May 15

Andy Oram

Andy Oram

Yochai Benkler, others at Harvard map current and future Internet

Harvard's world-renowned Berkman Center for Internet & Society is celebrating its tenth anniversary with a conference called Berkman@10. I'll report here on today's sessions, which were organized as a fairly conventional symposium (although as loosely as one could run it with 450 attendees). Tomorrow will be set up as an unconference, where the audience defines most of the topics and self-organizes into small-group discussions.

Whither peer production--wither peer production?

The Internet is not monolithic--as speaker after speaker today recounted--so it's not fair to expect an organization studying it to be monolithic either. The Berkman Center is diverse to the point of being hard to characterize, as I'll detail later, but one theme that echoed through the day was the collaborative production of value, or "peer production" as the economically-minded like to call it.

Yochai Benkler, author of key Internet analyses such as The Wealth of Networks (available in both printed form and as a PDF) and Coase's Penguin, or Linux and the Nature of the Firm, set out his stake near the beginning of the day when he called on the Center to move from creating tools to examining social change, such as what it's like for dissidents around the world to be able to work together.

Wikipedia is a central piece of evidence in Benkler's case--along with Linux, a connection I'll explore later--and also forms Exhibit A in the recent book The Future of the Internet (And How to Stop It) by Jonathan Zittrain, cofounder of the Berkman Center and keynoter at today's conference. (I won't cover the keynote because I have already reviewed the book at length.)

So it's quite in keeping that Jimmy Wales joined Benkler in an afternoon session at the conference. Benkler laid out the traits distinguishing both the process and product of peer production from what we're used to getting in the market: peer production is unpredictable, unstable, loose, and people-driven. Wikipedia matches those criteria so well that Wales admitted its fate is still up in the air.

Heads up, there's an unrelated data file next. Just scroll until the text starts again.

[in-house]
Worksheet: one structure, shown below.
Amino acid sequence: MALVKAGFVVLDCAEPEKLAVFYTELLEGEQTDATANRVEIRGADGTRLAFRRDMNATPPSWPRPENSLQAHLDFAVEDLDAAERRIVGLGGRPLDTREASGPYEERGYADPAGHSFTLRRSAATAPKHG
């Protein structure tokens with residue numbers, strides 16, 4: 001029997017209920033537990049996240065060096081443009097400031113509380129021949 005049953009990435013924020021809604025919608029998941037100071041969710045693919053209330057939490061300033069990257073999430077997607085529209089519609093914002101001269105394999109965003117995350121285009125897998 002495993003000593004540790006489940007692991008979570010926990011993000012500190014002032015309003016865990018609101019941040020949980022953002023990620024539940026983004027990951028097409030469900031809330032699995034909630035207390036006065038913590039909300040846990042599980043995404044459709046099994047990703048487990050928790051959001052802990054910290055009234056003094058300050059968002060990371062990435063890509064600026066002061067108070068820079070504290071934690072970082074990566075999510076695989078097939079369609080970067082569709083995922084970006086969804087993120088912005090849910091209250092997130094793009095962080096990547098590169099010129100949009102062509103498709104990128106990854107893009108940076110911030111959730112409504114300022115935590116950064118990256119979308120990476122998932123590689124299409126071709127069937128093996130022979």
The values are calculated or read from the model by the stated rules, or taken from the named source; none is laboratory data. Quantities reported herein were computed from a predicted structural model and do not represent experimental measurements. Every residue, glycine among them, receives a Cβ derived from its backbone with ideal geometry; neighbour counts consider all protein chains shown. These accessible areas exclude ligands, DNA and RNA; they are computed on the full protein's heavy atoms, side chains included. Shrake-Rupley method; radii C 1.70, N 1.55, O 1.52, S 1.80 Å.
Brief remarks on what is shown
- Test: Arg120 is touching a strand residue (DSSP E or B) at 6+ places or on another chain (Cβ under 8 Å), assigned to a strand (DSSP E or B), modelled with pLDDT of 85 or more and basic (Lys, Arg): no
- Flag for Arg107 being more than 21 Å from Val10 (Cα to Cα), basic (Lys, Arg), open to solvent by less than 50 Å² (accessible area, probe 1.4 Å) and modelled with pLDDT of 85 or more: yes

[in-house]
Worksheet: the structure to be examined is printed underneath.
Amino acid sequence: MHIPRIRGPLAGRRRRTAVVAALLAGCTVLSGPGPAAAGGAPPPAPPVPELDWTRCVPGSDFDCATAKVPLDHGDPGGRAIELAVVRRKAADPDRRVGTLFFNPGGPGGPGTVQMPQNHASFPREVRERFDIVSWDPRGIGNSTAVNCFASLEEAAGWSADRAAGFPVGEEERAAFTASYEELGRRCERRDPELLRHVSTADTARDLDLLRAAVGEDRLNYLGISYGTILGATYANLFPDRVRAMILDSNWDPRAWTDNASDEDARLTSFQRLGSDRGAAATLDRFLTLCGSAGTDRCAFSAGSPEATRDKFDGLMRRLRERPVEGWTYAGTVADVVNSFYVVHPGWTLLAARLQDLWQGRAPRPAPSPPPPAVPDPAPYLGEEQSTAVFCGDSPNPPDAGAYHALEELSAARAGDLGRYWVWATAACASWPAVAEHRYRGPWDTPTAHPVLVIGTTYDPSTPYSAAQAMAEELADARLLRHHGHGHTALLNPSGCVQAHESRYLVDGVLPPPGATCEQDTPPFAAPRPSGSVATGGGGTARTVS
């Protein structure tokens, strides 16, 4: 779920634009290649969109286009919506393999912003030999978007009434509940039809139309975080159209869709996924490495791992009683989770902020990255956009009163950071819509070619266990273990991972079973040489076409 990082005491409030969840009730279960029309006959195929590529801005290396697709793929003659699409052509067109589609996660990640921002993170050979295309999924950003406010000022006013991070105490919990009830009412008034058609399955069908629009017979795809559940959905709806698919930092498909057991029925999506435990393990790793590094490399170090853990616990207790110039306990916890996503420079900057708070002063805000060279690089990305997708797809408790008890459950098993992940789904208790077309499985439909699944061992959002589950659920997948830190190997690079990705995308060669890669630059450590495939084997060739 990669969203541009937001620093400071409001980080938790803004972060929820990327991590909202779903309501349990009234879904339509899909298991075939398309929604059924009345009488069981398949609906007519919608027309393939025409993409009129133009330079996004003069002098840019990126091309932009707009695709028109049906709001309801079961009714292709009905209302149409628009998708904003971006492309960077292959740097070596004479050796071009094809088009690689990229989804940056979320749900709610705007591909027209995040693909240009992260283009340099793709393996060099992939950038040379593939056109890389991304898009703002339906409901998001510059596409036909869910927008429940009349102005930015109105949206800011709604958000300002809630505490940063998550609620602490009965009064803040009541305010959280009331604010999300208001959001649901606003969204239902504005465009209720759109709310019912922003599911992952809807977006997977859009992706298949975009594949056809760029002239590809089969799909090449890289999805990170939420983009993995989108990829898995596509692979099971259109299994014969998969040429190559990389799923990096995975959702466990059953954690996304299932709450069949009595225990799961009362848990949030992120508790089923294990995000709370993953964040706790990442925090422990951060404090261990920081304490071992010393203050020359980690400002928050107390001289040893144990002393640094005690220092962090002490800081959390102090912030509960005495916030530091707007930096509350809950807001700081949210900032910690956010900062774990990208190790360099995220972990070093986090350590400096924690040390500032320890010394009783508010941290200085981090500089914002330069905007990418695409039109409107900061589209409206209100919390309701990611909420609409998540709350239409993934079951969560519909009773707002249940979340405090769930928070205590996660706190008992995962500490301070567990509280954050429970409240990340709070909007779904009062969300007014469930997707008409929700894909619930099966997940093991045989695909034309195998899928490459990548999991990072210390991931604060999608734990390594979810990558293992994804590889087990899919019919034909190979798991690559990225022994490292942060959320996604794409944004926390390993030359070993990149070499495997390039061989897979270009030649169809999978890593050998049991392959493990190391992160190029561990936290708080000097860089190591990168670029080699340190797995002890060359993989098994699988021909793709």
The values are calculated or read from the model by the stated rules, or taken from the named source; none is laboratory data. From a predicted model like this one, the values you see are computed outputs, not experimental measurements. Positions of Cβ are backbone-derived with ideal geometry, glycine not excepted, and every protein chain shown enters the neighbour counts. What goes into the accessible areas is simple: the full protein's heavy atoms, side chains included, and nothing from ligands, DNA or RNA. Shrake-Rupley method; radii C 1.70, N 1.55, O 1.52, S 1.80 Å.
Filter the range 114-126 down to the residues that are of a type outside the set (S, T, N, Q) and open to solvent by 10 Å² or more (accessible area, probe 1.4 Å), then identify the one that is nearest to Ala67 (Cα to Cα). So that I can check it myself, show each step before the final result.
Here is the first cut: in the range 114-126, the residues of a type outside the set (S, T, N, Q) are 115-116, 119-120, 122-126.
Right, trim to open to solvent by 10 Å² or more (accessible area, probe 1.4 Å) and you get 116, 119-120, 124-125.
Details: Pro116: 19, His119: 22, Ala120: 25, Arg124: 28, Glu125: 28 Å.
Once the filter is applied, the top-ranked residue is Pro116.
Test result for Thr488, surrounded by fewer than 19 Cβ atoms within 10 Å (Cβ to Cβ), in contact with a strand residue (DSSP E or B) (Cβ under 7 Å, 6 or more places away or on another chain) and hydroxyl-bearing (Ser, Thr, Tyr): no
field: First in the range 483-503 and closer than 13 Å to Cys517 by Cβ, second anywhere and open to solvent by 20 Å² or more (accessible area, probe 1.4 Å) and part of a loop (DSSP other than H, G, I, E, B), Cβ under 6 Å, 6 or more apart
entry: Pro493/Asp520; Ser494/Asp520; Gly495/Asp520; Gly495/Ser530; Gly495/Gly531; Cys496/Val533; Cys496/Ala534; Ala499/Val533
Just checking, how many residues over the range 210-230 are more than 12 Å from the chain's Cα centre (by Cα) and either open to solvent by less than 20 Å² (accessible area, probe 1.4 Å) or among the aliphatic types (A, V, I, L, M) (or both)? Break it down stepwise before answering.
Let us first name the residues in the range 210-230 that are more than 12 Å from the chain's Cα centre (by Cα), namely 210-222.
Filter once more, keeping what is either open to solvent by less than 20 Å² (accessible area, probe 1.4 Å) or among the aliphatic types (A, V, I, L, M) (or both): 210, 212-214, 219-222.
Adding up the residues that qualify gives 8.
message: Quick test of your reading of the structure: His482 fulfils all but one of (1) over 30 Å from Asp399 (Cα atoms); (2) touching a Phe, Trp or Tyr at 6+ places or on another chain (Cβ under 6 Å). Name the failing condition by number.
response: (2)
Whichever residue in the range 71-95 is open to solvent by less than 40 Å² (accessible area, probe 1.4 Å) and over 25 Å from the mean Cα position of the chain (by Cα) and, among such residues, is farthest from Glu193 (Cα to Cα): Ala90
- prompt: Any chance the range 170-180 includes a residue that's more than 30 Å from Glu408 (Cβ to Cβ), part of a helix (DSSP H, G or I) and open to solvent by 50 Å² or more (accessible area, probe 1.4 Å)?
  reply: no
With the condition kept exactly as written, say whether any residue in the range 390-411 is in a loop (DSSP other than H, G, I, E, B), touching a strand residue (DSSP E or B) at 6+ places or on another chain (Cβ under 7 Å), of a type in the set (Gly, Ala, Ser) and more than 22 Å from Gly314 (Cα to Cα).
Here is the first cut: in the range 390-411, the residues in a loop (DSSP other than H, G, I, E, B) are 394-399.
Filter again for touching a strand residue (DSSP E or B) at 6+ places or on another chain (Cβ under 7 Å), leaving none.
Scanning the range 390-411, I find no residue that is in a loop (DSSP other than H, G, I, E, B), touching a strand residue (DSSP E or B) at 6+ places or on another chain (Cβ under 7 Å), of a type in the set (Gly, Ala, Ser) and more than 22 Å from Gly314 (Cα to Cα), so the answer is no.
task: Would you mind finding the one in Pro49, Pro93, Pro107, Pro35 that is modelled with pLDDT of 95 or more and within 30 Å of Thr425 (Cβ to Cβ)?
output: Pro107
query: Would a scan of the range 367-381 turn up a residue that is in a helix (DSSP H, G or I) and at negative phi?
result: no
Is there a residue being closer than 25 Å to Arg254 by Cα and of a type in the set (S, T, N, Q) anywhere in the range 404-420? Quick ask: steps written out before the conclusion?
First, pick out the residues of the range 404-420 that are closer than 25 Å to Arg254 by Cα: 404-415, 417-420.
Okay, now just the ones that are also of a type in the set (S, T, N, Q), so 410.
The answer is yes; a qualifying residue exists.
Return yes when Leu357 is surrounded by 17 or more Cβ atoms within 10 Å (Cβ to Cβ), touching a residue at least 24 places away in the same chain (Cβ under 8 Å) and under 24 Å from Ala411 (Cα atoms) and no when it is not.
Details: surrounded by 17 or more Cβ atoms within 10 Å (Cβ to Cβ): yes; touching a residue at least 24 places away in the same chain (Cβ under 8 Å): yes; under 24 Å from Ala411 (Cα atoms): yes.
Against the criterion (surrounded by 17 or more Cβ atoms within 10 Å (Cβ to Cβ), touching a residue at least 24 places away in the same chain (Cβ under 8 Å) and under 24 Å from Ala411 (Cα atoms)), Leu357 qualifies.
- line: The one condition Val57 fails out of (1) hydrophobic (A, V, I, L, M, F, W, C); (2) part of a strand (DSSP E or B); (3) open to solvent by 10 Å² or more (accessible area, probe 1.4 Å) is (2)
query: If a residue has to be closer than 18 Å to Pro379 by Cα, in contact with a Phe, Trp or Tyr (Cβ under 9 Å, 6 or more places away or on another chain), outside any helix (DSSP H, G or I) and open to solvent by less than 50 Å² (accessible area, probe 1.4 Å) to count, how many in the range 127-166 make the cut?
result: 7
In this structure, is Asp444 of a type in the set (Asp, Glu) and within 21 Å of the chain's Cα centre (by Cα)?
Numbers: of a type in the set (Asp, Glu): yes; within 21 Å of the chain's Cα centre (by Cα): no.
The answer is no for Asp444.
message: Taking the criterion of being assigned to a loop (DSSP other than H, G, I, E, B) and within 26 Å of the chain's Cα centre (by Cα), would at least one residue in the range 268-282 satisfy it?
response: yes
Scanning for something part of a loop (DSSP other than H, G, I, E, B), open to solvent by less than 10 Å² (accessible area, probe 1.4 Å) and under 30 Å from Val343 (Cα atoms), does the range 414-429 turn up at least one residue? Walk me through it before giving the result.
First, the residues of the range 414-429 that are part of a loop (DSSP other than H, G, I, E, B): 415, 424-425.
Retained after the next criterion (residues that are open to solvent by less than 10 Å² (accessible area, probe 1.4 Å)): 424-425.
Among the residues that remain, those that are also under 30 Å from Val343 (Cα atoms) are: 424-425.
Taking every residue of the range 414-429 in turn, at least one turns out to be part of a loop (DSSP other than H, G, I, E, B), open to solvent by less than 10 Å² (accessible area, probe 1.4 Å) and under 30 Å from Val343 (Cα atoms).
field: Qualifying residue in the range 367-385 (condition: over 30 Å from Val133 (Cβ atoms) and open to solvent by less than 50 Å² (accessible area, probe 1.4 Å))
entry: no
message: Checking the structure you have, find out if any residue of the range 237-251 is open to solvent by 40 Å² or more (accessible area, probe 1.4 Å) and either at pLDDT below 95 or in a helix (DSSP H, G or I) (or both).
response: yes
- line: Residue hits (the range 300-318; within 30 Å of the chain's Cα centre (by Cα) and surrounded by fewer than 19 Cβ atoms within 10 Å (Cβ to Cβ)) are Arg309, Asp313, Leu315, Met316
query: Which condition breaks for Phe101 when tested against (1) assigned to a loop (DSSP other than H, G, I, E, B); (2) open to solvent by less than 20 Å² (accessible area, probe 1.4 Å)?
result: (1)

David P. Reed, a key Internet researcher, described how science--another, very different culture of peer production--has been corroded during the past few decades by commercialization and over-regulation (specifically, the various Offices of Research Integrity that lobbyists have forced scientists to answer to). He then asked whether Wikipedia's turn for regulation by government will come. (Details were added to this paragraph on May 16 after a conversation with Reed.)

Wales didn't address the precise question, but admitted that "humans will eventually screw up Wikipedia just as we manage to screw up everything else," yet promised to keep it true to its mission as long he can.

The challenge for peer production, according to Zittrain, Benkler, and Wales, is to avoid seizing up and imposing new controls when things go wrong. Instead, one must learn to deal with the damage through side channels.

Money is a secondary question. Benkler pointed out tanies now pay employees to contribute to peer-produced products (Linux, where most development is now done by the employees of various companies, provides an obvious example) and said the ultimate impact of this trend is unknown. Possibly, the current in-rush of volunteer labor is a temporary phase in the evolution of peer production. In any case, we should carefully examine the process so that the projects can remain fair and keep people motivated when some are paid and some are not.

Besides production for money and production for fun, I noticed another motivation for contributions when Wales mentioned that India has become an increasing source of Wikipedia pages as computers and Internet access spread there. I sense that regional and cultural pride can drive many efforts--the feeling that "if that city over there can do it, why can't we?" This suggestion shows the need for models, which I'll describe in another section.

The conscious commons